The Kenya National Bureau of Statistics report also showed about 253,500 jobs were shed in the three months to March this year despite the economy showing signs of recovery from Covid-19 hardships.
Young people were the hardest hit with employees aged below 25 bearing the brunt of the layoffs.
Firms have this year been hiring on picking demand and softening recovery but the rates are still lower on subdued consumer spending and high taxation.
Companies have cited the increased cost of inputs such as raw materials due to constraints in global supply chains and expenses exacerbated by high fuel prices.
The Future of Work report shows 47 percent of the restrictions had negatively affected their current work, education or training, while an equal proportion said the pandemic had negatively affected their mental health.
The damage to employment opportunities had been greatest for the under 35 years with fewer vacancies and salary cuts, according to the survey.
Interestingly, participants in Kenya felt that older generations were worse affected regarding employment, particularly since job losses were even more impactful for those with dependants.
Young people described income as the main reason for working in order to meet their basic needs, which was sharpened by the pandemic.
Professional careers such as law and medicine are seen as most likely to provide a steady income and bring respect from family, peers and the wider society.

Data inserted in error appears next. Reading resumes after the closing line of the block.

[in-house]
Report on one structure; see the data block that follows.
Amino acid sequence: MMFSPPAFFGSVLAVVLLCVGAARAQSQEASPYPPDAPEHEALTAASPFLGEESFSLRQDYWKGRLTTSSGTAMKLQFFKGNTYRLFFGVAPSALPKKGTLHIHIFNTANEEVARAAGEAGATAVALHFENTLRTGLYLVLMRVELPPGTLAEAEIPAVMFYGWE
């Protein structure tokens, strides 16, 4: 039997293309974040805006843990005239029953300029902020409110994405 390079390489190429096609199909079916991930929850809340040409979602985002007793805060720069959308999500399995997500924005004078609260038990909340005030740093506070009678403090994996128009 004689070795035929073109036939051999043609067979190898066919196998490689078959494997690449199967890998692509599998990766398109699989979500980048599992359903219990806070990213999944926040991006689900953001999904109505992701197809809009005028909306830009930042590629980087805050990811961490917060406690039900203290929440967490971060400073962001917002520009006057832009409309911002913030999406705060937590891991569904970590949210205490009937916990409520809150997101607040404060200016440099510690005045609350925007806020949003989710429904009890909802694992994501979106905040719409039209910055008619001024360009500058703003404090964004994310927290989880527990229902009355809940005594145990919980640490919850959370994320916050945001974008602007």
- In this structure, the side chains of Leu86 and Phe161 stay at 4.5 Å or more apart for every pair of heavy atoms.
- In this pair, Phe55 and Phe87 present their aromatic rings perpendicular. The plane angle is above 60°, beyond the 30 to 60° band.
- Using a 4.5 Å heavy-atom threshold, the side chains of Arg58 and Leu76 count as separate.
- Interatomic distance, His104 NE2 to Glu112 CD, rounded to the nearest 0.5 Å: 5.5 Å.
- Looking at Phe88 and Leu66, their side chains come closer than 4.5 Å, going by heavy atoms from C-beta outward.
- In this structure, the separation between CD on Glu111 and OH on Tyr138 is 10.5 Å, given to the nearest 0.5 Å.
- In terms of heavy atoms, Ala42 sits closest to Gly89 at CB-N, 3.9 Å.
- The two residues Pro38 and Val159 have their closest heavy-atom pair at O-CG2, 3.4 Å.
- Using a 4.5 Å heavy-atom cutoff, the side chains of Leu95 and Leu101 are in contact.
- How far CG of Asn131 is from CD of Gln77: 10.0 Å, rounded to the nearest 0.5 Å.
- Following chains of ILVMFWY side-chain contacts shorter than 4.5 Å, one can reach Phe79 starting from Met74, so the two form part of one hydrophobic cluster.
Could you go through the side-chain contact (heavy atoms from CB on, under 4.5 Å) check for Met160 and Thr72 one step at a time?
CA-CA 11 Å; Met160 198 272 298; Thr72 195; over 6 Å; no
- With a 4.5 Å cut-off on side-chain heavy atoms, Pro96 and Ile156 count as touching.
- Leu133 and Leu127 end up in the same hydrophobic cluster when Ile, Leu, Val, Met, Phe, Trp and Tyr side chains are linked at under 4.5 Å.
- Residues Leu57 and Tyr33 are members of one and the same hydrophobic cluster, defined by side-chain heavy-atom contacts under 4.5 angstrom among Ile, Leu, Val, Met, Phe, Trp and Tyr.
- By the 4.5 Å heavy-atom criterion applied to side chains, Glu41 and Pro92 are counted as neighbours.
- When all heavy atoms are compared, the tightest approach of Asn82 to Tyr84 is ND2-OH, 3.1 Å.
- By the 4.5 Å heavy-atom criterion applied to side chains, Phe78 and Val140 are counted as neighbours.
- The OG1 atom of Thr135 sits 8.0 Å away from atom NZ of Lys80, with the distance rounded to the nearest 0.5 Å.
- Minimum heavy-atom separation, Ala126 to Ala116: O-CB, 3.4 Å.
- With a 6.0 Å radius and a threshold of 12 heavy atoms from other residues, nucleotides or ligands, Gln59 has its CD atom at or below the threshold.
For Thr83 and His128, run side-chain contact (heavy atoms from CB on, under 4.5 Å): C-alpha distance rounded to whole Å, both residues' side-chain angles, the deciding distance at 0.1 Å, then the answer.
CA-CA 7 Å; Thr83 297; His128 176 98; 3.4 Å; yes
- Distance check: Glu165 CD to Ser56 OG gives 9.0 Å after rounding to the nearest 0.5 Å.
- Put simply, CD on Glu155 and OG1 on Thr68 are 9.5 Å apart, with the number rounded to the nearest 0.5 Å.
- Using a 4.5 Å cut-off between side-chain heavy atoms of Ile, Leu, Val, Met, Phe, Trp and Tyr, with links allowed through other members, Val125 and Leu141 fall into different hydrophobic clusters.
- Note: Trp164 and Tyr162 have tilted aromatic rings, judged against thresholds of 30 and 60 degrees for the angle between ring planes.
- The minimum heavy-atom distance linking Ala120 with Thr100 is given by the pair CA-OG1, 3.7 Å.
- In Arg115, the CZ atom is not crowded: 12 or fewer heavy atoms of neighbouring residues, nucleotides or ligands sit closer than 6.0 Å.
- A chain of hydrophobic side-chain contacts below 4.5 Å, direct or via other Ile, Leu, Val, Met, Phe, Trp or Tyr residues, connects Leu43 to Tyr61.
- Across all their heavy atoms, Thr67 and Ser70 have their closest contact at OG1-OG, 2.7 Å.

Retail, hospitality and tourism are ranked highest in providing job opportunities for young people, along with information and digital technology.
This is despite the retail, hospitality and tourism sectors being the hardest hit by the pandemic and recording the highest job cuts.
Young people felt that the most fulfilling work was in teaching and education, health and social care. The high unemployment has also led to growth in the gig economy and expansion of the informal sector attracting young people.
Gig economy has been concentrated in the ride-hailing industry and online rental such as Airbnb, according to a Kenya gig economy report by Mercy Corps released in August 2019, adding that uptake of online professional services was expected to spike by 2023.
The survey shows advances in the digital economy are creating opportunities coupled with changing demographics that have opened job vacancies in care, teaching, green and some service sectors.
Most young people who see more job opportunities in green and digital economies at 74 percent and 71 percent respectively are, however, worried about skills and the high cost of university and college education.
About 41 percent want the government to ensure schools teach professional skills in those areas, while 36 percent said it should make higher education more affordable and 32 percent create a job guarantee.
“This report has shown young people’s growing passion for entrepreneurship and how important it is for young Kenyans to have access to the right tools to enable them to fulfill their future ambitions,” said chief executive of Prince’s Trust International, Will Straw.
“It is exciting to see so many young people determined to make a difference to local communities and the wider world – these young people are the agents of change, and we must support them to achieve their ambitions”.